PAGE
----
I hated hide-and-seek as a kid. Instead, I'd do things like, organize a membership-only girl's club with card-carrying members. Made the cards myself, with my eclectic sticker collection and super skinny Korean markers. Our most memorable enterprise? On Wednesdays at recess, we decided to hold a Secret Sanrio Marketplace. Every member brought items she no longer liked, to trade for something fresh. We'd hold meetings and I reminded everyone to bring their goodies but shhhh on Wednesday, okay?!?!?! Our market was active for 3 weeks before it got shut down "to prevent theft and fights." A note was sent home to my parents, blaming me for the whole thing -- totally guilty. I was 6 years old.
Today, one of my gigs is coaching and supporting after-school teachers at an elementary school in San Francisco. Very ironically, one of my favorite things to do: watch the games going on during recess. It's hilarious and slightly unsettling that tag, catch, and hide-and-seek are still as popular as ever. The range of behavior both tickles and worries me.
Oh, the dynamics! Some lightly-sketched profiles:
- Frantic hiders can't tap into the strategy center in their brains, so they team up with
- Calm kid, who remembers "the good spots".
- Sometimes, there will be a rogue kid that borks off and hides alone, in "the REALLY good spots". You may recall that if you choose this strategy, there's a clear tradeoff; you give up valuable group intel/resources because duh, winning. This drive causes the rogue kid to lose track of what's happening in the game, almost every time.
- The majority of them though, have realized something important: hiding alone makes them feel disconnected and anxious. To cope, they form little tribes, usually in trios or pairs. That way, you aren't left behind like a rogue. The little tribes have a ton of fun. Do they get distracted from the objective? Most definitely. But for tribe hiders, that's not the point.
The kids love playing, because they love playing together.
This kid can take on a variety of looks, ranging from Wandering Sad Ghost to Manic Despot. The seeker, like it or not, is alone like the rogue. You're alone thinking of how to shape the game, while everyone else is hunkered down somewhere, bonding and chit-chatting. It can get lonely.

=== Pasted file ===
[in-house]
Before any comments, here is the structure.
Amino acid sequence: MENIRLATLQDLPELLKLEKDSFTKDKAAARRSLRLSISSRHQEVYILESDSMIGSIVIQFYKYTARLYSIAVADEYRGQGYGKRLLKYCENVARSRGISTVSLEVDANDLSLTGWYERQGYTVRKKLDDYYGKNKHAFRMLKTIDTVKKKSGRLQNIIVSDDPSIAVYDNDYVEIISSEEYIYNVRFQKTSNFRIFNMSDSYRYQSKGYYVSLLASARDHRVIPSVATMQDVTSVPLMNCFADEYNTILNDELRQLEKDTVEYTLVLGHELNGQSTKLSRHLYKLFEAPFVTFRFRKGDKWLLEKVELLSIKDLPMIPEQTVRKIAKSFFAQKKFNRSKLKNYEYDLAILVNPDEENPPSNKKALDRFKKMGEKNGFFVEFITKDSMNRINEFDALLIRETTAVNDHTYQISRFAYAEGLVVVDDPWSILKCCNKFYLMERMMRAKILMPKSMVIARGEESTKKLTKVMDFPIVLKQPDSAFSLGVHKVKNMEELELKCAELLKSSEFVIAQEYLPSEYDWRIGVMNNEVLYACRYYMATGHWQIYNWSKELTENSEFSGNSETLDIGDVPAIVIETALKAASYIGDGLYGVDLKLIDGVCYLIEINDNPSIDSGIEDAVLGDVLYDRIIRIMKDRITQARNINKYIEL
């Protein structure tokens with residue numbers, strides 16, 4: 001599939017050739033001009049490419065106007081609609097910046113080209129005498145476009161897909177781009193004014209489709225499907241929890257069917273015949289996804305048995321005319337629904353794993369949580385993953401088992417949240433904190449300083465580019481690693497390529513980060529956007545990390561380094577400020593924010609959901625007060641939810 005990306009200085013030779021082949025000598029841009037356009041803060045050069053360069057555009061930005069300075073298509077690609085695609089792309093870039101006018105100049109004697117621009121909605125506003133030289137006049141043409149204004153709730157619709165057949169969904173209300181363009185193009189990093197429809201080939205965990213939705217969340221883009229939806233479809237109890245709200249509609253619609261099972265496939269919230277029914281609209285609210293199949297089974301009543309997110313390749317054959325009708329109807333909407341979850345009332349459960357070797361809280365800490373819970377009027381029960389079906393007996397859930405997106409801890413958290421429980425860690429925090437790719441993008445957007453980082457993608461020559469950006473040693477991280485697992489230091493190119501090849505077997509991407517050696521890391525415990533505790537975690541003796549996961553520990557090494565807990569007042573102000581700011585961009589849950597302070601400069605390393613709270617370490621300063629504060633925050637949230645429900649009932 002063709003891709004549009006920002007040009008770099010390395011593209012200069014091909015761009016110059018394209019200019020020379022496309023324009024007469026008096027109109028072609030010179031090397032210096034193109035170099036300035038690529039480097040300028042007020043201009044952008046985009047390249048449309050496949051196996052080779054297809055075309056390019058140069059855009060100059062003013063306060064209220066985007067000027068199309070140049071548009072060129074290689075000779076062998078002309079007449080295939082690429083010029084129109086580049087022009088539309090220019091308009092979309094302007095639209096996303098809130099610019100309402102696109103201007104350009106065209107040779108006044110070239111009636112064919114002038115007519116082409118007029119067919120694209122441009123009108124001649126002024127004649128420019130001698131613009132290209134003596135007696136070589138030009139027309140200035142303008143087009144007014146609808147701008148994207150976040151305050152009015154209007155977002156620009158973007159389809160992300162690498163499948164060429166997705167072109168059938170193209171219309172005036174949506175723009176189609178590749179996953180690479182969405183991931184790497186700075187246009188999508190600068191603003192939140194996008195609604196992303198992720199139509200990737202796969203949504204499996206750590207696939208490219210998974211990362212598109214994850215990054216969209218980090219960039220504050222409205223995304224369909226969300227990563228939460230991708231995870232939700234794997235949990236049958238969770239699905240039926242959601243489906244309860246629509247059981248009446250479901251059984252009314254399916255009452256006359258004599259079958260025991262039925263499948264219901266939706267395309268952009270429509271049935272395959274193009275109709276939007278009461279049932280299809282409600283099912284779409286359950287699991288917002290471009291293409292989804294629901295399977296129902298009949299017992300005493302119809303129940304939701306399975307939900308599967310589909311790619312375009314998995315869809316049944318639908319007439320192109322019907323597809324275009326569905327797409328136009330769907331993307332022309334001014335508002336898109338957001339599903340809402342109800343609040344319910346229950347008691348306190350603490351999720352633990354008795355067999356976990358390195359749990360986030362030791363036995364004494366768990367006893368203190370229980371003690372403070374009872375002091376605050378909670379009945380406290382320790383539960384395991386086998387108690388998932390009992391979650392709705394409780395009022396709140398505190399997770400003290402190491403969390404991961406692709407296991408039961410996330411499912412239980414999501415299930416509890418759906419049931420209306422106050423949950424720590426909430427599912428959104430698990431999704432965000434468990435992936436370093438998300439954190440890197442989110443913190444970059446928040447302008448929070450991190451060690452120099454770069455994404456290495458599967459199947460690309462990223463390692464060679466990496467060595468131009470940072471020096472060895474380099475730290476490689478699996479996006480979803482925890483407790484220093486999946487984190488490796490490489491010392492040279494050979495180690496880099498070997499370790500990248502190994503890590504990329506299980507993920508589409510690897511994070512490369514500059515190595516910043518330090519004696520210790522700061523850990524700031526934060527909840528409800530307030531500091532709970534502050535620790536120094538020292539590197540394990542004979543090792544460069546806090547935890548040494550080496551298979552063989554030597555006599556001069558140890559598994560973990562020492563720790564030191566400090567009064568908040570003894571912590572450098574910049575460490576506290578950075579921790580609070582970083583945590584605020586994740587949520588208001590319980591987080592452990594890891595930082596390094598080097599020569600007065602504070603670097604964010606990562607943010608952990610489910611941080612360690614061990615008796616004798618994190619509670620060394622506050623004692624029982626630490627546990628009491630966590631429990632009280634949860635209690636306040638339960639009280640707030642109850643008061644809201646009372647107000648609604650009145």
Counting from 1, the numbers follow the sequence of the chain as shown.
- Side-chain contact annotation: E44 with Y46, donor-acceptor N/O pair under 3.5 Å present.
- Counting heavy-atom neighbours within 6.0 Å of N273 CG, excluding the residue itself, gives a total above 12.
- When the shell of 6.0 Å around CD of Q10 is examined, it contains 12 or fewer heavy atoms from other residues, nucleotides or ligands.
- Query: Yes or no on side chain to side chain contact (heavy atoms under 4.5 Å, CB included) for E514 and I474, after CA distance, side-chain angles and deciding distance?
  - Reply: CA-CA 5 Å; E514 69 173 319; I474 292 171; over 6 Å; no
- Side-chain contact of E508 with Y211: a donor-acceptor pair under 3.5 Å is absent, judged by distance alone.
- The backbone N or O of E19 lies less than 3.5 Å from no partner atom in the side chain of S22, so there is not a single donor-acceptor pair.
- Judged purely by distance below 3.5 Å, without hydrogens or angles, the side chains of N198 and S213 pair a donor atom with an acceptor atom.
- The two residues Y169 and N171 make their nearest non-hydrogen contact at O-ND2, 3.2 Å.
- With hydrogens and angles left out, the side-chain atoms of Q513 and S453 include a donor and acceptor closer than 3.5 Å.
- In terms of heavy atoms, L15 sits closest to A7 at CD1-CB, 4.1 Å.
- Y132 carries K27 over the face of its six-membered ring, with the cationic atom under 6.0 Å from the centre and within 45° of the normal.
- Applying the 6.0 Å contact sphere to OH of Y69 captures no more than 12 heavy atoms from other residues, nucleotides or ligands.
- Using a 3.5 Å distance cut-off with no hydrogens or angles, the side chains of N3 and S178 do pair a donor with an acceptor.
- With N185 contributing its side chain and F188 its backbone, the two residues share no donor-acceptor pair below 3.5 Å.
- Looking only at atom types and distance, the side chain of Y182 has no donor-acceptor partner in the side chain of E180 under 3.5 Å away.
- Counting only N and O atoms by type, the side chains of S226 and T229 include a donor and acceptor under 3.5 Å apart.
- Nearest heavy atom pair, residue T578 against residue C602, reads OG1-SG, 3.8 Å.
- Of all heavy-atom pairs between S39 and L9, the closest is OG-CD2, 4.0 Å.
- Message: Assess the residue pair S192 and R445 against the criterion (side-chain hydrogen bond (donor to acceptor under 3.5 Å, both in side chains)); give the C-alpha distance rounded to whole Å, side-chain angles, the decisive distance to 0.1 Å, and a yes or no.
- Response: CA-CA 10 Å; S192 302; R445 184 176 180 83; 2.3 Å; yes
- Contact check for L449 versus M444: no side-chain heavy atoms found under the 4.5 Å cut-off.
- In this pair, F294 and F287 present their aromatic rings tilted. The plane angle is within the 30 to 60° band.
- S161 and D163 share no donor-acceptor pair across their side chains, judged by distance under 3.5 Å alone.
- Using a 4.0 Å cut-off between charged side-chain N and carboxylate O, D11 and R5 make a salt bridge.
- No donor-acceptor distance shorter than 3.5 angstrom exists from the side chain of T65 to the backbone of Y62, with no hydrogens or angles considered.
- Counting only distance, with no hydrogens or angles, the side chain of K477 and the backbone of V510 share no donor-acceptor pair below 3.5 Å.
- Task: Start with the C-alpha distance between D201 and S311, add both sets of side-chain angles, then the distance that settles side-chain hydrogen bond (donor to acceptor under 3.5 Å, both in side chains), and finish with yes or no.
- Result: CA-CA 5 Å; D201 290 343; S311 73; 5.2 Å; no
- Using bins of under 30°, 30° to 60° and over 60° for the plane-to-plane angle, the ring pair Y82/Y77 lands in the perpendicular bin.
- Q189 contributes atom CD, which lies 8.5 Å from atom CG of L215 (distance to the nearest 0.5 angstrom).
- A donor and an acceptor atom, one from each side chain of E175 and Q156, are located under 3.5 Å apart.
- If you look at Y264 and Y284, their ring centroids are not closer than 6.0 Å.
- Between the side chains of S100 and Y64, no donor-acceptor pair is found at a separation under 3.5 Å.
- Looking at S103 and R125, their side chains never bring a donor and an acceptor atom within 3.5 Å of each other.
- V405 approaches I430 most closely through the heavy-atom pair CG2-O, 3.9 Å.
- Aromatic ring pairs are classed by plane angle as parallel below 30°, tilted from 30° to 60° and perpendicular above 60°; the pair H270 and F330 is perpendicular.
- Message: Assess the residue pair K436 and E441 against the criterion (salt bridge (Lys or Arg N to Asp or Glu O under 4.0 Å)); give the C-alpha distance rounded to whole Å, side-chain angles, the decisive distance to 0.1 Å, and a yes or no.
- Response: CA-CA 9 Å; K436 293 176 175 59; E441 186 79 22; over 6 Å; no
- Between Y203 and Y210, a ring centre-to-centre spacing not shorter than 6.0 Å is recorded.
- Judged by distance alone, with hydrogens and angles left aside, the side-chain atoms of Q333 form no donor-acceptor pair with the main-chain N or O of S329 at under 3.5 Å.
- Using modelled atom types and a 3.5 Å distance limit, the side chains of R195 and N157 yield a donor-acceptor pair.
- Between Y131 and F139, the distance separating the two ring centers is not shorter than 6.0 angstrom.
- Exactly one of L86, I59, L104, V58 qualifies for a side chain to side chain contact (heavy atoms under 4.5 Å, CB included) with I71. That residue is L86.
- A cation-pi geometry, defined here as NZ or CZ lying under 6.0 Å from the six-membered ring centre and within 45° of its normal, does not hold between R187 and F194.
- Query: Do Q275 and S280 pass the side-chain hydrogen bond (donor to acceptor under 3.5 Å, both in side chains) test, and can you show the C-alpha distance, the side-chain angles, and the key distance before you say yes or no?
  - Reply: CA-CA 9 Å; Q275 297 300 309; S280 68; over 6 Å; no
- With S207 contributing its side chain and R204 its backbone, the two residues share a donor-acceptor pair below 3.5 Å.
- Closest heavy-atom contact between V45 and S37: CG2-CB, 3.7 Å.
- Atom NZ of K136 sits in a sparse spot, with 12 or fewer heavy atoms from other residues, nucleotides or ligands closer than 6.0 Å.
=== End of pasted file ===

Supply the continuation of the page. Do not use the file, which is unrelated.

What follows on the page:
what this means for your career
In the rare times I did play hide-and-seek , hiding made me incredibly anxious, and time spent as the seeker felt scary.
I thought, "So... the choices are be a scared sitting duck or start searching, roaming all over, not knowing where to start?"
Neither option felt good. Just maybe, this drama is going on for you at work. Are you searching more fulfilling work, like, literally on Google? From age 20-27, I Googled and Googled in vain, just wanting a hint at what the hell I should do with my life. I got endless possibilities, because Internet and post-industrial revolution. I suffered a chronic, mild panic attack for most of that period. Years later, I realized why I got stuck:
1. Made lots of untested assumptions about why I was unhappy
2. Made ill-informed, ill-timed moves
3. Felt frustration
4. Got burnt out
5. Stayed stalled in a holding pattern
6. Felt THE WORST.
Have you put your feelings and assumptions to the test? Only then do you have the information to explore a possible direction.
Slippery spot: I told myself that I might just be someone who settles and lots of people settle. That idea kept me stuck for 7 years.
If you've been stuck for even half as long as I was, you probably haven't fully addressed what thought patterns are keeping you in that painful place -- the pain comes and goes, right? Sometimes it's not that bad. Change nothing, if your goal is to have a "not that bad" life. Alternative: Record all your feelings and assumptions and test out whether they're true.
For your ruckus-making 6-year-old self.